[Show abstract] [Hide abstract]
    ABSTRACT: The microbiome is a collection of all microbial species that coexist with an individual. These organisms influence several aspects of individual body functions. Probiotic organisms are generally beneficial components of microflora and confer normal health status. Usually, probiotics should be provided from the outside in the diet for maintaining proper health status. Probiotics can also have a significant impact on cancer management. While the results toward cancer management with probiotics are promising, careful risk assessment of probiotics use in cancer patients, who are usually immunocompromised due to radical therapy, comes as a great demand. This article provides an overview of the current research status of probiotics use in cancer patients and discusses the role of probiotics in cancer management. Drug Dev Res • • : • • – • • , 2013.
    Drug Development Research 09/2013; 74(6). DOI:10.1002/ddr.21087 · 0.73 Impact Factor
  • Source
    • "Collectively, there are over 800 species and 7000 strains that form over 100-trillion super colonies, which are influenced by several factors including diet, environment, stress, and disease (Burk et al., 2003; Vipperla and O'Keefe, 2012). Intestinal microbial composition has become an emerging factor in CRC susceptibility, since these organisms impact multiple physiological functions that are related to cancer progression, cell proliferation, differentiation, metabolism of essential nutrients, and stimulation of intestinal immunity; similarly, probiotics have been shown to prevent carcinogenesis through a variety of mechanisms (Zhu et al., 2011; Kumar et al., 2013). The fields of nutrition, microbiology , and genomics are converging rapidly, providing insight into the molecular mechanisms involved in the chemopreventive efficacy of probiotics; further fostering the development of inexpensive preventive therapies for CRC. "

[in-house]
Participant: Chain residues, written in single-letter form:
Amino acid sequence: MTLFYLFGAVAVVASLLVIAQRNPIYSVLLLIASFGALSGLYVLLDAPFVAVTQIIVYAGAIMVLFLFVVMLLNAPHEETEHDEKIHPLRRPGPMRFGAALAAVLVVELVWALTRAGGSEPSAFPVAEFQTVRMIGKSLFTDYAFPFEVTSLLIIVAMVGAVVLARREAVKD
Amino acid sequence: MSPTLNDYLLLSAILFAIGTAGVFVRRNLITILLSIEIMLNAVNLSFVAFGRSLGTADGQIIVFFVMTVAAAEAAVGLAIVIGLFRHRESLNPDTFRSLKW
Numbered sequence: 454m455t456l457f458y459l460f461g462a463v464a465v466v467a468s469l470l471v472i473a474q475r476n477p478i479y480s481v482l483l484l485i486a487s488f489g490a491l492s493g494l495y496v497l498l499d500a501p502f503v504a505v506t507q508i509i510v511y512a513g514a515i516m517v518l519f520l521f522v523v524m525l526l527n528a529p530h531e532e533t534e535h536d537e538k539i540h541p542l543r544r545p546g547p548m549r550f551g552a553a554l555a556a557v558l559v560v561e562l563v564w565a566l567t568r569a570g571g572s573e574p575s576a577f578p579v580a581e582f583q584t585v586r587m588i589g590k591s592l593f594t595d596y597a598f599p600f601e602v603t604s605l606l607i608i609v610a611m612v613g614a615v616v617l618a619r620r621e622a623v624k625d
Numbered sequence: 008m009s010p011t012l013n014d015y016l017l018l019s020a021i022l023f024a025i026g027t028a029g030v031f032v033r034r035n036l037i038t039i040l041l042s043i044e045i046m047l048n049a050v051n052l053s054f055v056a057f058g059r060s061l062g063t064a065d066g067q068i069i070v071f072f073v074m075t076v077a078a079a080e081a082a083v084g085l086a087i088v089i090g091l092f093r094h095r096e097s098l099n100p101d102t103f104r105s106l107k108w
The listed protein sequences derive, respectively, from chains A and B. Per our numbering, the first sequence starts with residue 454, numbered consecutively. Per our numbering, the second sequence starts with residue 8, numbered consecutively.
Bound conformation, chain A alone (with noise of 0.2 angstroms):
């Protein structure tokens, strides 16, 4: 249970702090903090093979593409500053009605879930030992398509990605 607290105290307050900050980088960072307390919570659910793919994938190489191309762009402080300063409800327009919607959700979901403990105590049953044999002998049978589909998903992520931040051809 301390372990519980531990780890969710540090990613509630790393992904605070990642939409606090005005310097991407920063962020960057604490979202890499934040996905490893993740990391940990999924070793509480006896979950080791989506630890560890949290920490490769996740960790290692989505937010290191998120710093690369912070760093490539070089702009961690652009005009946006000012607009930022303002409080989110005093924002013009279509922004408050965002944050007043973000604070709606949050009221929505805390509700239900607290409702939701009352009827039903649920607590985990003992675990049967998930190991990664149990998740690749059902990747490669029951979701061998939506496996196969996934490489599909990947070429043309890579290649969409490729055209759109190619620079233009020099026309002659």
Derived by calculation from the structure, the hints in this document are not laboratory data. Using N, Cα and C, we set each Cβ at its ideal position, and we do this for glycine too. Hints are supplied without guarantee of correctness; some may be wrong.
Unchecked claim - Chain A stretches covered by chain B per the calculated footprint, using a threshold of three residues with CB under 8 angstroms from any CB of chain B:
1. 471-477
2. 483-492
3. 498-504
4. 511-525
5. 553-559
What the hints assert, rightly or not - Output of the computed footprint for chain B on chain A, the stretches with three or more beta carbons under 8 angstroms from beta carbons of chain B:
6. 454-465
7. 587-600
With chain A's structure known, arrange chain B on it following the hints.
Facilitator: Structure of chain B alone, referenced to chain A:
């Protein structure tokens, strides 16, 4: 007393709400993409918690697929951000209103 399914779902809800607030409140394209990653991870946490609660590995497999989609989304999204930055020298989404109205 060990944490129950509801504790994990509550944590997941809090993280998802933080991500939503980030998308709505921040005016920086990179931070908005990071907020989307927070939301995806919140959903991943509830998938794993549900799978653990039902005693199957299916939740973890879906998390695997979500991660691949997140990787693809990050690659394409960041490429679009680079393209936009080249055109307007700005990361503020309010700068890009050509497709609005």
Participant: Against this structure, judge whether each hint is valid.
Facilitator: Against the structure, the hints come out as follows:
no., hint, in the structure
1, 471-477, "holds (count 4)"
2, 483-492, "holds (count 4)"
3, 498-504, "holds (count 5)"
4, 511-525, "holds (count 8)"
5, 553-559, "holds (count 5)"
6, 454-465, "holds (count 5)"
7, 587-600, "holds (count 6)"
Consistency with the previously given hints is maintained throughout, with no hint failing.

[Show abstract] [Hide abstract]
    ABSTRACT: One in four deaths in the United States is cancer-related, and colorectal cancer (CRC) is the second leading cause of cancer-associated deaths. Screening strategies are utilized but have not reduced disease incidence or mortality. In this regard, there is an interest in cancer preventive strategies focusing on lifestyle intervention, where specific etiologic factors involved in cancer initiation, promotion, and progression could be targeted. For example, exposure to dietary carcinogens, such as nitrosamines and polycyclic aromatic hydrocarbons influences colon carcinogenesis. Furthermore, dietary deficiencies could alter sensitivity to genetic damage and influence carcinogen metabolism contributing to CRC. High alcohol consumption increases the risk of mutations including the fact that acetaldehyde, an ethanol metabolite, is classified as a group 1 carcinogen. Tobacco smoke exposure is also a risk factor for cancer development; approximately 20% of CRCs are associated with smoking. Additionally, obese patients have a higher risk of cancer development, which is further supported by the fact that physical activity decreases CRC risk by 55%. Similarly, chronic inflammatory conditions also increase the risk of CRC development. Moreover, the circadian clock alters digestion and regulates other biochemical, physiological, and behavioral processes that could influence CRC. Taken together, colon carcinogenesis involves a number of etiological factors, and therefore, to create effective preventive strategies, molecular targets need to be identified and beleaguered prior to disease progression. With this in mind, the following is a comprehensive review identifying downstream target proteins of the above lifestyle risk factors, which are modulated during colon carcinogenesis and could be targeted for CRC prevention by novel agents including phytochemicals.
    Frontiers in Oncology 05/2013; 3:119. DOI:10.3389/fonc.2013.00119
Show more